• Administered hydrophobic anticancer drugs and therapeutic proteins and polypeptides often suffer from poor bio-availability. In some cases it has been theorized that such poor bio-availability may be due to incompatibility of bi-phasic solutions of hydrophobic drugs and aqueous solutions and/or rapid removal of these molecules from blood circulation by enzymatic degradation. One technique that has been studied for increasing the efficacy of administered proteins and other small molecule agents entails conjugating the administered agent with a polymer, such as a polyethylene glycol (“PEG”) molecule, that can provide protection from enzymatic degradation in vivo. Such “PEGylation” often improves the circulation time and, hence, bio-availability of an administered agent.
  • PEG has shortcomings in certain respects, however. For example, because PEG is a linear polymer, the steric protection afforded by PEG is limited, as compared to branched polymers. Another shortcoming of PEG is that it is generally amenable to derivatization at its two terminals. This limits the number of other functional molecules (e.g. those helpful for protein or drug delivery to specific tissues) that can be readily conjugated to PEG.
  • Polyglutamic acid (PGA) is another polymer of choice for solubilizing hydrophobic anticancer drugs. Many anti-cancer drugs conjugated to PGA have been reported. See Chun Li. “Poly(L-glutamic acid)-anticancer drug conjugates.” Adv. Drug Del. Rev., 2002, 54, 695-713. However, none are currently FDA-approved.
  • Paclitaxel (PTX), extracted from the bark of the Pacific Yew tree (Wani et al. “Plant antitumor agents. VI. The isolation and structure of taxol, a novel antileukemic and antitumor agent from Taxus brevifolia.” J Am Chem Soc. 1971, 93, 2325-7), is a FDA-approved drug for the treatment of ovarian cancer and breast cancer. It is believed that pacilitaxel suffers from poor bio-availability. Approaches to improve bioavailability have been attempted, including formulating pacilitaxel in a mixture of Cremophor-EL and dehydrated ethanol (1:1, v/v) (Sparreboom et al. “Cremophor EL-mediated Alteration of Paclitaxel Distribution in Human Blood: Clinical Pharmacokinetic Implications.” Cancer Research 1999, 59, 1454-1457). This formulation is currently commercialized as Taxol™ (Bristol-Myers Squibb). However, this vehicle results in inadequate delivery of effective drug levels and high toxicity. The Taxol™ brand of paclitaxel has demonstrated clinical efficacy in non-small-cell lung cancer (NSCLC), but causes severe side effects including acute hypersensitivity reactions and peripheral neuropathies.
  • Another approach to improving paclitaxel bioavailability is by emulsification using high-shear homogenization (Constantinides et al. “Formulation Development and Antitumor Activity of a Filter-Sterilizable Emulsion of Paclitaxel.” Pharmaceutical Research 2000, 17, 175-182). Polymer-paclitaxel conjugates have been advanced in several clinical trials (Ruth Duncan “The Dawning era of polymer therapeutics.” Nature Reviews Drug Discovery 2003, 2, 347-360). Paclitaxel has been formulated into nano-particles with human albumin protein and has been used in clinical studies (Damascelli et al. “Intraarterial chemotherapy with polyoxyethylated castor oil free paclitaxel, incorporated in albumin nanoparticles (ABI-007): Phase II study of patients with squamous cell carcinoma of the head and neck and anal canal: preliminary evidence of clinical activity.” Cancer. 2001, 92, 2592-602, and Ibrahim et al. “Phase I and pharmacokinetic study of ABI-007, a Cremophor-free, protein-stabilized, nanoparticle formulation of paclitaxel.” Clin Cancer Res. 2002, 8, 1038-44). This formulation is currently commercialized as Abraxane® (American Pharmaceutical Partners, Inc.). However, existing formulations are not entirely satisfactory, and thus there is a long-felt need for improved paclitaxel formulations and methods of delivering them.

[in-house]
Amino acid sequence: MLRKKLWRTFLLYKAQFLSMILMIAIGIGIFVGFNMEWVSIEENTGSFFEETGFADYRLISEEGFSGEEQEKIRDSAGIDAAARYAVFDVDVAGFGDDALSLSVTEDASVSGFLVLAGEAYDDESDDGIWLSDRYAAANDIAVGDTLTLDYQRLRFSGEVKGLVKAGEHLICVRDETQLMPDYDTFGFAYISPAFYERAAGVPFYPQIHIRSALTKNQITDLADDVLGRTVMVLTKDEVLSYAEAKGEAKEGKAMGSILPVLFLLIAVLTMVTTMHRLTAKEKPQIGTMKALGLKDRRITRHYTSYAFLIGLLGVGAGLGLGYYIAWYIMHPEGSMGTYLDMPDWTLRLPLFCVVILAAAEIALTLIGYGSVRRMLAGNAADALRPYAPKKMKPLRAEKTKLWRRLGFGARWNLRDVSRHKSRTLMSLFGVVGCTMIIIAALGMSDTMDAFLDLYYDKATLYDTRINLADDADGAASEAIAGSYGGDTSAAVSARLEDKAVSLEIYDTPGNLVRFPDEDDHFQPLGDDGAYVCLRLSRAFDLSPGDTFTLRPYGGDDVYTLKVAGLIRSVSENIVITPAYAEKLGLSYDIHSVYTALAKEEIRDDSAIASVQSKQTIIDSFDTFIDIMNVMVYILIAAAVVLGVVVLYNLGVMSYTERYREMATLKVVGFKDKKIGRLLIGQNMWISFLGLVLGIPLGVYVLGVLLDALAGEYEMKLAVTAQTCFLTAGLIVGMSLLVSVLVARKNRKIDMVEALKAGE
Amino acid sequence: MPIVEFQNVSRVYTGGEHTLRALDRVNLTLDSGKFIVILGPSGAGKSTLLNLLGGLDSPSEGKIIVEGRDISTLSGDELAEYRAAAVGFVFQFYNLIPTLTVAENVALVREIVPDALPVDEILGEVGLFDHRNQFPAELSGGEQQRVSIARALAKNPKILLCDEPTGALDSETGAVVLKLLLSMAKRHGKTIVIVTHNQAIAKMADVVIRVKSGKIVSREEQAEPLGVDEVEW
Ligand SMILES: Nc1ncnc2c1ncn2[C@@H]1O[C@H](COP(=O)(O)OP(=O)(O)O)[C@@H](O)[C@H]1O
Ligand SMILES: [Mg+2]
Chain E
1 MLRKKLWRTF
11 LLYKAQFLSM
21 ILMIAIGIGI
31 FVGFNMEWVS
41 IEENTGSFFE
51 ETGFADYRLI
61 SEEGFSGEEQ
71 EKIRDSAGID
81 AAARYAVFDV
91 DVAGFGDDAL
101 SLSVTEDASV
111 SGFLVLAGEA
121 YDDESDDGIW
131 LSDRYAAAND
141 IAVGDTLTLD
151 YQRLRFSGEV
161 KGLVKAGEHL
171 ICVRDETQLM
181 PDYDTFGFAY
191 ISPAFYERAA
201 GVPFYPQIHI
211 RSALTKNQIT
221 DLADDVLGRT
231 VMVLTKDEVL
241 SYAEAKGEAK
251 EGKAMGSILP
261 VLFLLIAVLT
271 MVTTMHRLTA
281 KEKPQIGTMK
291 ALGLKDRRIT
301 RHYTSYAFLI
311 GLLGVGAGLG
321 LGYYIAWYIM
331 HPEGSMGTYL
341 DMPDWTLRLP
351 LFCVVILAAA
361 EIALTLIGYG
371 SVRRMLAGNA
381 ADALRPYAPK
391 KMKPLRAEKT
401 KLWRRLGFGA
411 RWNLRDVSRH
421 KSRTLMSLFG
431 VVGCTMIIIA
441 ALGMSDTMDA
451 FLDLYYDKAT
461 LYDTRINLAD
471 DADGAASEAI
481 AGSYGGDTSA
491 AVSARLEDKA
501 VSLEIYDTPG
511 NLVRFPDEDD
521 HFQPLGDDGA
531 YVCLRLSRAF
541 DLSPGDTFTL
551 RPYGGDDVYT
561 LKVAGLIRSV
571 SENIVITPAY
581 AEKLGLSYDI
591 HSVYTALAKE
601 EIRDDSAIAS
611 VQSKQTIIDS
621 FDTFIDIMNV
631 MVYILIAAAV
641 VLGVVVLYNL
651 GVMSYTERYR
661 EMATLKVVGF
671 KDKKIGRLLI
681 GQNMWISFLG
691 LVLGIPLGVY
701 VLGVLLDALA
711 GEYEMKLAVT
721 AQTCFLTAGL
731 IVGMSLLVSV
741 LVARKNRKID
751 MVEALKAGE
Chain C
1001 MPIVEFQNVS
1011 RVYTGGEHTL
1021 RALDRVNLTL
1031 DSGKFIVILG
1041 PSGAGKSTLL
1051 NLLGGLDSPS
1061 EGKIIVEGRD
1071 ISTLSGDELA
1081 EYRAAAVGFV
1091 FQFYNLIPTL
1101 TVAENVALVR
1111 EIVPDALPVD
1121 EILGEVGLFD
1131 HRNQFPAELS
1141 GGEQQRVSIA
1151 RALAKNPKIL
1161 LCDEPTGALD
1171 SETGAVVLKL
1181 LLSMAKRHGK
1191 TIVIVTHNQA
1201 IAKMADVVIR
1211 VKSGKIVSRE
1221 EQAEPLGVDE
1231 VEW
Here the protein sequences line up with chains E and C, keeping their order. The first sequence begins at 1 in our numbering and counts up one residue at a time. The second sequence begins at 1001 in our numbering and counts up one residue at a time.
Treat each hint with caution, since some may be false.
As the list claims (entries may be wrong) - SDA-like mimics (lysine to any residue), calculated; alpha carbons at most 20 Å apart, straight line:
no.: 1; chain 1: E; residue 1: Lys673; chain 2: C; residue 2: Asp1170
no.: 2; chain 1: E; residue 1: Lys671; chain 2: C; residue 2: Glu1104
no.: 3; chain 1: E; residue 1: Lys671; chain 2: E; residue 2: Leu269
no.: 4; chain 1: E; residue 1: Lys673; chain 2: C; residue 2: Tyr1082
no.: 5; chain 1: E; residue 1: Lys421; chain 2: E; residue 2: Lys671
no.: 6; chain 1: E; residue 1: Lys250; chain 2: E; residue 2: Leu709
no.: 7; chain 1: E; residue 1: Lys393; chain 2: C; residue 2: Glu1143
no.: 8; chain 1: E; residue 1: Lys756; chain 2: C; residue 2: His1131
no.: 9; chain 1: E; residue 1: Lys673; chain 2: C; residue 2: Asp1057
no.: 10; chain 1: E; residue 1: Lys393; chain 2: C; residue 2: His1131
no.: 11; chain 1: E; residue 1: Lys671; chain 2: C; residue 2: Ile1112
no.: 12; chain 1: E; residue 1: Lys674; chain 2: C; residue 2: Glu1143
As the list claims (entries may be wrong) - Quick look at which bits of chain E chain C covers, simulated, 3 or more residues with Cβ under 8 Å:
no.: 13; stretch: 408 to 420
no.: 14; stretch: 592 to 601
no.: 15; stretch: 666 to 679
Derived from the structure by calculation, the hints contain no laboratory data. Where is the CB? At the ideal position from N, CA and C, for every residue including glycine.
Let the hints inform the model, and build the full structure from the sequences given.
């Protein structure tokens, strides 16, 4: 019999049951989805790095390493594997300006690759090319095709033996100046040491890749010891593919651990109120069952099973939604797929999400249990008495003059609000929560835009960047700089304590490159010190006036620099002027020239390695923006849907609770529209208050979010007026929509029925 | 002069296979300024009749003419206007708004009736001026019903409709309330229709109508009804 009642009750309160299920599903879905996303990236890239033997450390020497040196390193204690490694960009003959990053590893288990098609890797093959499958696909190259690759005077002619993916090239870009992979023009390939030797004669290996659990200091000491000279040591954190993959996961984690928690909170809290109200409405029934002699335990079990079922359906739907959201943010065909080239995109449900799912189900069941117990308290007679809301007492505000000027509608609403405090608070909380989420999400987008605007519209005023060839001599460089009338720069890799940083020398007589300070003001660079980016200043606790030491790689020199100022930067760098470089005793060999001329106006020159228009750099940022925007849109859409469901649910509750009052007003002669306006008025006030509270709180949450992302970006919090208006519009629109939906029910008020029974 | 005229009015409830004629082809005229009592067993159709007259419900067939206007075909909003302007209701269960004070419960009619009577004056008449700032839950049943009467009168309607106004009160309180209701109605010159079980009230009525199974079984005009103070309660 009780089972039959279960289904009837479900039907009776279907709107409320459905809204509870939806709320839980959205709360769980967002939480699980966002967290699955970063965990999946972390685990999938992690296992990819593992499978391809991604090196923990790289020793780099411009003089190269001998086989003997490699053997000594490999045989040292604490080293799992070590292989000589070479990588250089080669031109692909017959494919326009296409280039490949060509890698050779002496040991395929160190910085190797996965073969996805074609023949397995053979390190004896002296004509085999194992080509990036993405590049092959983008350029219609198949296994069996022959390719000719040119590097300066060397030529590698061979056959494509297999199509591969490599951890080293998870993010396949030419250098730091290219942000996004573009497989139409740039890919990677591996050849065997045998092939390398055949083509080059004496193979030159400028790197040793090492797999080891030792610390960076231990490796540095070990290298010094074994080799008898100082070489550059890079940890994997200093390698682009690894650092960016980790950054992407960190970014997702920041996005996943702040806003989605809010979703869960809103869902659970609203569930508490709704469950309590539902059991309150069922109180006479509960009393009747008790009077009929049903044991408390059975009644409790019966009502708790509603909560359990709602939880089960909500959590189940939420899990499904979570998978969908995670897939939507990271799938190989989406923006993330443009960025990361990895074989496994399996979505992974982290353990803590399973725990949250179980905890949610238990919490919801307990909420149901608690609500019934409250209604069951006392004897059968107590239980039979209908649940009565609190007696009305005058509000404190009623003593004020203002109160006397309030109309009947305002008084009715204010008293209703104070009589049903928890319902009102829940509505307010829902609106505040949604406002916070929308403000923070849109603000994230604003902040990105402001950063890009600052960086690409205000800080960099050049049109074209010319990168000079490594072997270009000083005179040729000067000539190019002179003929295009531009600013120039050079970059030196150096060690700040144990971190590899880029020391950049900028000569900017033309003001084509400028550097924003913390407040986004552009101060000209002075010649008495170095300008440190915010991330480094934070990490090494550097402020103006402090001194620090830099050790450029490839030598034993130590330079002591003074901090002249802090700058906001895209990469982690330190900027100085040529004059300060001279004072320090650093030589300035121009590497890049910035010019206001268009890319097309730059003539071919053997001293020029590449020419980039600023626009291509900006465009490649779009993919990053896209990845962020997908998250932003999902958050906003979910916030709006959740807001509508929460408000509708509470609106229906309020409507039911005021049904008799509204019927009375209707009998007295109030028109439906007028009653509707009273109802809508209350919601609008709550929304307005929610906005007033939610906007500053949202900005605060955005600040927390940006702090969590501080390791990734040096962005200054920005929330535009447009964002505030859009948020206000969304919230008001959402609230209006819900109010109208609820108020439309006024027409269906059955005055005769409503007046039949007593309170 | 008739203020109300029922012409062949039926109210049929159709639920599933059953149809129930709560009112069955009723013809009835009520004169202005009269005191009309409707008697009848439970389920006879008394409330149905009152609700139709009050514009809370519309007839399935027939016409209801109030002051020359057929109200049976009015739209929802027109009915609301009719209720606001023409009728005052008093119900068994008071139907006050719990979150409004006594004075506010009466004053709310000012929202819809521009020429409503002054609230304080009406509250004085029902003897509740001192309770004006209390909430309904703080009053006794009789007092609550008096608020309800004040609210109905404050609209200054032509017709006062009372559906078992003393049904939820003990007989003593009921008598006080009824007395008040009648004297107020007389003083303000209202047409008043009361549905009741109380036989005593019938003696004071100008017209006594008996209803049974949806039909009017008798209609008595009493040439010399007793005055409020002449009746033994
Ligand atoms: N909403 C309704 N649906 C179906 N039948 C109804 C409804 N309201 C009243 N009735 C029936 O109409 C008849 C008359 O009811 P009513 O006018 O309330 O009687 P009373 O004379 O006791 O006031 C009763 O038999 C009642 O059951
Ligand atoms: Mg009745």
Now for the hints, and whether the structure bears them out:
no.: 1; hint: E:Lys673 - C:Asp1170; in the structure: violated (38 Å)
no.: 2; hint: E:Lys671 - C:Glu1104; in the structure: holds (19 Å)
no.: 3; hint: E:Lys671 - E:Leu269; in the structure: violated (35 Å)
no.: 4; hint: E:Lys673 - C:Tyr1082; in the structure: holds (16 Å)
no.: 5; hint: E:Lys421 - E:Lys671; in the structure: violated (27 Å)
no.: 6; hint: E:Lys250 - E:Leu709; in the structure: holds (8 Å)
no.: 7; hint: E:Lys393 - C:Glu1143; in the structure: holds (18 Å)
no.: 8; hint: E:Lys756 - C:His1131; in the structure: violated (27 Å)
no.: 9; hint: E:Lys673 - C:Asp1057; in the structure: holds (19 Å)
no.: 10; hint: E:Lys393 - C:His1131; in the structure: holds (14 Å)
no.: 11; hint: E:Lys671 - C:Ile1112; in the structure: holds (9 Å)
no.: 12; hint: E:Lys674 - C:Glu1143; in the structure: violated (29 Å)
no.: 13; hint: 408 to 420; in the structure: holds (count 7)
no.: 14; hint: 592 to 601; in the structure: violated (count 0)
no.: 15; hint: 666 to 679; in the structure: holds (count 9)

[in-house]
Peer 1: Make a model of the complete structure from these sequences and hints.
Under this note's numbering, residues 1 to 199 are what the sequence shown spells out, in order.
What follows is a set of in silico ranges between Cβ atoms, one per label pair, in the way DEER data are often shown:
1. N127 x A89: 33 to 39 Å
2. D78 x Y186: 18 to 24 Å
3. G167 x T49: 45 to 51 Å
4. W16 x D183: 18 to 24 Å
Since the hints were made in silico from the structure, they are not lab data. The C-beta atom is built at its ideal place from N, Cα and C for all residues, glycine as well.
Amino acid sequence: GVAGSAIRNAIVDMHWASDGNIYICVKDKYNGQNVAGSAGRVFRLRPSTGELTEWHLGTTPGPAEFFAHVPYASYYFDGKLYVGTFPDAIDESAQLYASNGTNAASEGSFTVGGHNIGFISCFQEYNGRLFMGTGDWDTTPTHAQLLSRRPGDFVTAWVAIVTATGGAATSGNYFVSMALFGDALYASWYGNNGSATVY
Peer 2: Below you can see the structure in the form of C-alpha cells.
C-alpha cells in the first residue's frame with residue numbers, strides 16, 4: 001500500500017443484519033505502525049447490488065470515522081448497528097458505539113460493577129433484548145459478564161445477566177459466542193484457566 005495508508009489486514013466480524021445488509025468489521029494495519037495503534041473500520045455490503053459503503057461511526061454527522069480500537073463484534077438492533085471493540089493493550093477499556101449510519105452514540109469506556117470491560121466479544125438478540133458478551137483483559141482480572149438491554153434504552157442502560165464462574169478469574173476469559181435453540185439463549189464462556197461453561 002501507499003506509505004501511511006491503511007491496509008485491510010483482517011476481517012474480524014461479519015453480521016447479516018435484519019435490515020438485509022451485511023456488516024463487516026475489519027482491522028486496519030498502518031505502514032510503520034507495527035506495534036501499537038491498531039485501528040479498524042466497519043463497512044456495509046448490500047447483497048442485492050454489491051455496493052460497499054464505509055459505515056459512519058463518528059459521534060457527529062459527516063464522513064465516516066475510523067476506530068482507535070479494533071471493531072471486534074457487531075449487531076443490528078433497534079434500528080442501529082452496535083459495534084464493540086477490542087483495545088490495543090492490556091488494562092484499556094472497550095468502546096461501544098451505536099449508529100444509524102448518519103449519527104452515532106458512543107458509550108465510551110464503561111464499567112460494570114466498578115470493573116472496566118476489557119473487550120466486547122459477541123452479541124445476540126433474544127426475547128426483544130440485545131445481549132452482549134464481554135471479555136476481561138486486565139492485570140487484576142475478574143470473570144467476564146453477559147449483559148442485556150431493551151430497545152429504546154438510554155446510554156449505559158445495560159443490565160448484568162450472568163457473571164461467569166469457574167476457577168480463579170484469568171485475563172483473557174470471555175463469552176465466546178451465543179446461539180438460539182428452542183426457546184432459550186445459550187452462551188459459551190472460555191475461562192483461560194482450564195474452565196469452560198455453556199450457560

• SUMMARY OF THE INVENTION
  • Embodiments of polymer conjugates as described herein can be used to treat cancer. Methods for treating lung cancer, melanoma, kidney cancer, liver cancer and spleen cancer are provided in accordance with one aspect of the present invention. In some embodiments, a person suffering from cancer is identified and a polymer conjugate comprising poly-(gamma-L-glutamyl glutamine) (PGGA) and paclitaxel is administered to the person.
  • A pharmaceutical composition comprising a poly-(gamma-L-glutamyl glutamine)-paclitaxel polymer conjugate is provided in accordance with another aspect of the present invention. The molecular weight of the PGGA in the polymer conjugate is in the range of about 50,000 to about 100,000, and the weight percentage of paclitaxel in the polymer conjugate is in the range of about 20% to about 50%, based on total weight of the polymer conjugate.
  • These and other embodiments are described in greater detail below.
  • BRIEF DESCRIPTION OF THE DRAWINGS
  • FIG. 1 shows a graph that illustrates the results of a plasma study comparing free paclitaxel (PTX) to poly-(gamma-L-glutamyl glutamine)-paclitaxel (MW=70k, weight percentage of paclitaxel in the polymer conjugate=35%) (PGGA70K-PTX35).